Interview with Kris. A very important seismic exploration and monitoring problem is the full integration of rock physics and seismic inversion. Another good one is the missing wavelengths in inversion. These are not easy questions. Interview with Mirko. Interview with Dimitri.

I remember watching a Star Trek movie once, and as they neared a new planet, the captain called a geophysicist up to the bridge. All the guy had to do was press a button on the com, and a full 3-D image of the planet emerged on the screen. But seriously, there could be a lot more automation in our processing and imaging, and we could harness modern technology more effectively for better interactive interpretation in terms of both data access and processing while interpreting. Interview with Amy. SC: Considering the challenges we are facing in characterizing the unconventional reservoirs, what kind of change do you think we need to bring into our approach or our workflows?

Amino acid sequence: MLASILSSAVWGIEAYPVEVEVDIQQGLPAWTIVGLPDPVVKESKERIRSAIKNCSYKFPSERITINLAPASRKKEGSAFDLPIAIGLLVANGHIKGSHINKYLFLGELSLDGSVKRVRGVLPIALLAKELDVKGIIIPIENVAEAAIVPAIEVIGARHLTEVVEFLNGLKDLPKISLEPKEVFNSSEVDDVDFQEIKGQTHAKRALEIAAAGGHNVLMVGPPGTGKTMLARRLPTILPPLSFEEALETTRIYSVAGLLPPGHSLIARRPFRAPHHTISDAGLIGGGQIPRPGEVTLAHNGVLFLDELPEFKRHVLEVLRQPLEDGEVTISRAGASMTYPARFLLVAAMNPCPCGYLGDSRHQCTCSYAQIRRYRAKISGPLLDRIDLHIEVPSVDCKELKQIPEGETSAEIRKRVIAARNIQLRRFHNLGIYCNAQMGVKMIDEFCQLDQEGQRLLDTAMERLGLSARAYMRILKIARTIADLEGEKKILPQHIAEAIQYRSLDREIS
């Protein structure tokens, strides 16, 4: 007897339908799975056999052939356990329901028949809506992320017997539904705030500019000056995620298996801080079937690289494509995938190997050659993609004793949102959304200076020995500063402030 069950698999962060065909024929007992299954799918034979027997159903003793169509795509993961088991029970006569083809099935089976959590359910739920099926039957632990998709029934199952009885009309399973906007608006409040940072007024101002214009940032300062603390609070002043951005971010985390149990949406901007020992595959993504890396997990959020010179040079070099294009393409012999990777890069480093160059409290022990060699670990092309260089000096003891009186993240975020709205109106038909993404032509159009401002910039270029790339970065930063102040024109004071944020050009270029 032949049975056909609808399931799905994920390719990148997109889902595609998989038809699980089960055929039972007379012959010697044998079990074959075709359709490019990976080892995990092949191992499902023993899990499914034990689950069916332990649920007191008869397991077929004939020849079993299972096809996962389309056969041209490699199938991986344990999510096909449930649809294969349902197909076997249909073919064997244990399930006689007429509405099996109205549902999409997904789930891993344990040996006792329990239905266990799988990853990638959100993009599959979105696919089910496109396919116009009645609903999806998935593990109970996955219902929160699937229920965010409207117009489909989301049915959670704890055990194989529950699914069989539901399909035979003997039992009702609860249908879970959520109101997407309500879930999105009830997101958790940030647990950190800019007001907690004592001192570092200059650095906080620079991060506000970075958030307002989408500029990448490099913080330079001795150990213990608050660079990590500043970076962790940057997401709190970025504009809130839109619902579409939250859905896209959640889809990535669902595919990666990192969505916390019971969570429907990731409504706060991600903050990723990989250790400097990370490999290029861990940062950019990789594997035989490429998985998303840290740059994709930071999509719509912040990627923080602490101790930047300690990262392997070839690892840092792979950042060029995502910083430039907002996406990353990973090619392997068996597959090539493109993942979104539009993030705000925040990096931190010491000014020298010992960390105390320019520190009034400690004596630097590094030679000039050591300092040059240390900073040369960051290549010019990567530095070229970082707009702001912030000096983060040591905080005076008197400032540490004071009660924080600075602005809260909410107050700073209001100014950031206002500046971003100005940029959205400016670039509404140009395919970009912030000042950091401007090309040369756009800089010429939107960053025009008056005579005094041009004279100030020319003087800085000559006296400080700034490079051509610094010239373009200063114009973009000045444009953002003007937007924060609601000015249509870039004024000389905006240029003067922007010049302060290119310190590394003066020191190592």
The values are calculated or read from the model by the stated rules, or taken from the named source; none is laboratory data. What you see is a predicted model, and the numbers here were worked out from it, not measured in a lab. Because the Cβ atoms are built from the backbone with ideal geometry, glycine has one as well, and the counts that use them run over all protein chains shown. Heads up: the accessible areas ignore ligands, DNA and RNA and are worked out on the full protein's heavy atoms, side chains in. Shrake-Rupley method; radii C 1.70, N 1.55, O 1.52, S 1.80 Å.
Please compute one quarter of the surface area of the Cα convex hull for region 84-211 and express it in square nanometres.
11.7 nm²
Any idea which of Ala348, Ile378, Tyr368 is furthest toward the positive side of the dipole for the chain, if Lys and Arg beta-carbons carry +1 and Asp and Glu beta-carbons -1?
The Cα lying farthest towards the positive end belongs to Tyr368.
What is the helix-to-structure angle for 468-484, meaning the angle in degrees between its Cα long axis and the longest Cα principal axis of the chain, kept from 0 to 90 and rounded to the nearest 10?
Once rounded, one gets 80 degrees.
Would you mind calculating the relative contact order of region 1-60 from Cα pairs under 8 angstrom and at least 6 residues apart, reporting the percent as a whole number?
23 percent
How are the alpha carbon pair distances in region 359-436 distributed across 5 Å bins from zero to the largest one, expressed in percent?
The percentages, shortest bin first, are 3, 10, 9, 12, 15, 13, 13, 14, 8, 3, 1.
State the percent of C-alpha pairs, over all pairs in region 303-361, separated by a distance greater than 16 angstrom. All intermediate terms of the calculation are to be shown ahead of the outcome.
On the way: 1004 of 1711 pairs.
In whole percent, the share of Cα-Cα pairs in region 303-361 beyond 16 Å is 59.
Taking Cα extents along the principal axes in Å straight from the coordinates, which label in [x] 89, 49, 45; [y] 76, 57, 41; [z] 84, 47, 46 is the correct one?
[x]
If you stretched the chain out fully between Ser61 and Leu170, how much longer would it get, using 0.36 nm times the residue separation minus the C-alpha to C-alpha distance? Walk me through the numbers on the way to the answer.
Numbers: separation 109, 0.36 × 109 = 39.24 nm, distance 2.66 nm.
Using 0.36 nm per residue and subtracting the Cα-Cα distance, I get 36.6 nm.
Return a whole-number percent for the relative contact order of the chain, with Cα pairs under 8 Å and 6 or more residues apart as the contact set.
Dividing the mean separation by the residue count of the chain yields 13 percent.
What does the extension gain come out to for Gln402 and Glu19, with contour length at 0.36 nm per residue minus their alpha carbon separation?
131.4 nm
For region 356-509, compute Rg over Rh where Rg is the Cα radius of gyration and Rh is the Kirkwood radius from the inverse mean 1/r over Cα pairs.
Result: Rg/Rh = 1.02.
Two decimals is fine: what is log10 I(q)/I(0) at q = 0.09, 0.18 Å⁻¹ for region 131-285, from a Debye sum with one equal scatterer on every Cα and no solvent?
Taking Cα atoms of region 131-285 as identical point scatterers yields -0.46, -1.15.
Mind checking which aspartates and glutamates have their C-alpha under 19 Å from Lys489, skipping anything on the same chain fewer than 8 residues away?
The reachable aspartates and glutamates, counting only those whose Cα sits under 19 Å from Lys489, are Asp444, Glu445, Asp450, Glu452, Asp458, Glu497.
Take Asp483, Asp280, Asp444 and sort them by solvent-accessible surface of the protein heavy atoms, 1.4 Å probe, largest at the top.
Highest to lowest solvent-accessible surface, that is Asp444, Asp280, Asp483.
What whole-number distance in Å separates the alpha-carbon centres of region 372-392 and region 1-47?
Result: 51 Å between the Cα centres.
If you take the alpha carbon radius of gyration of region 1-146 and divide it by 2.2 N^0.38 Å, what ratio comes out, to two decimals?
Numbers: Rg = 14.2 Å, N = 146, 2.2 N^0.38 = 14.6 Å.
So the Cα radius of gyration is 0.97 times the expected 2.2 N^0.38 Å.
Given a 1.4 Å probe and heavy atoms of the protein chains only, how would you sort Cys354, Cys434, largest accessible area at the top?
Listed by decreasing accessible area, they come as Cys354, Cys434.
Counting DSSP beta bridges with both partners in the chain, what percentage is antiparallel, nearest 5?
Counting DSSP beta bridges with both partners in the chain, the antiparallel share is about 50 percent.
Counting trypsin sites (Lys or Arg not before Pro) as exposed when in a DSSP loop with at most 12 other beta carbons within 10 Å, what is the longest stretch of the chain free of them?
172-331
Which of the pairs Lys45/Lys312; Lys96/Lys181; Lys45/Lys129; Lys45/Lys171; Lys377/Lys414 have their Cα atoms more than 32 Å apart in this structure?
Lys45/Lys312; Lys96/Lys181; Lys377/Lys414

I think the biggest change that needs to happen is getting out of the mindset that we can accurately model the subsurface cheaply and easily. True integration of disciplines is also needed. We talk a lot about integration in our industry, but I rarely see it actually happen. We still work in silos. So in that respect I think organizational culture needs an overhaul. Interview with Eric. SC: As you have championed the benefits of integrated shale resource characterization, I would like to ask you about how much value do you think multicomponent seismic data can bring to such an exercise?

Some unsolved problems of geophysics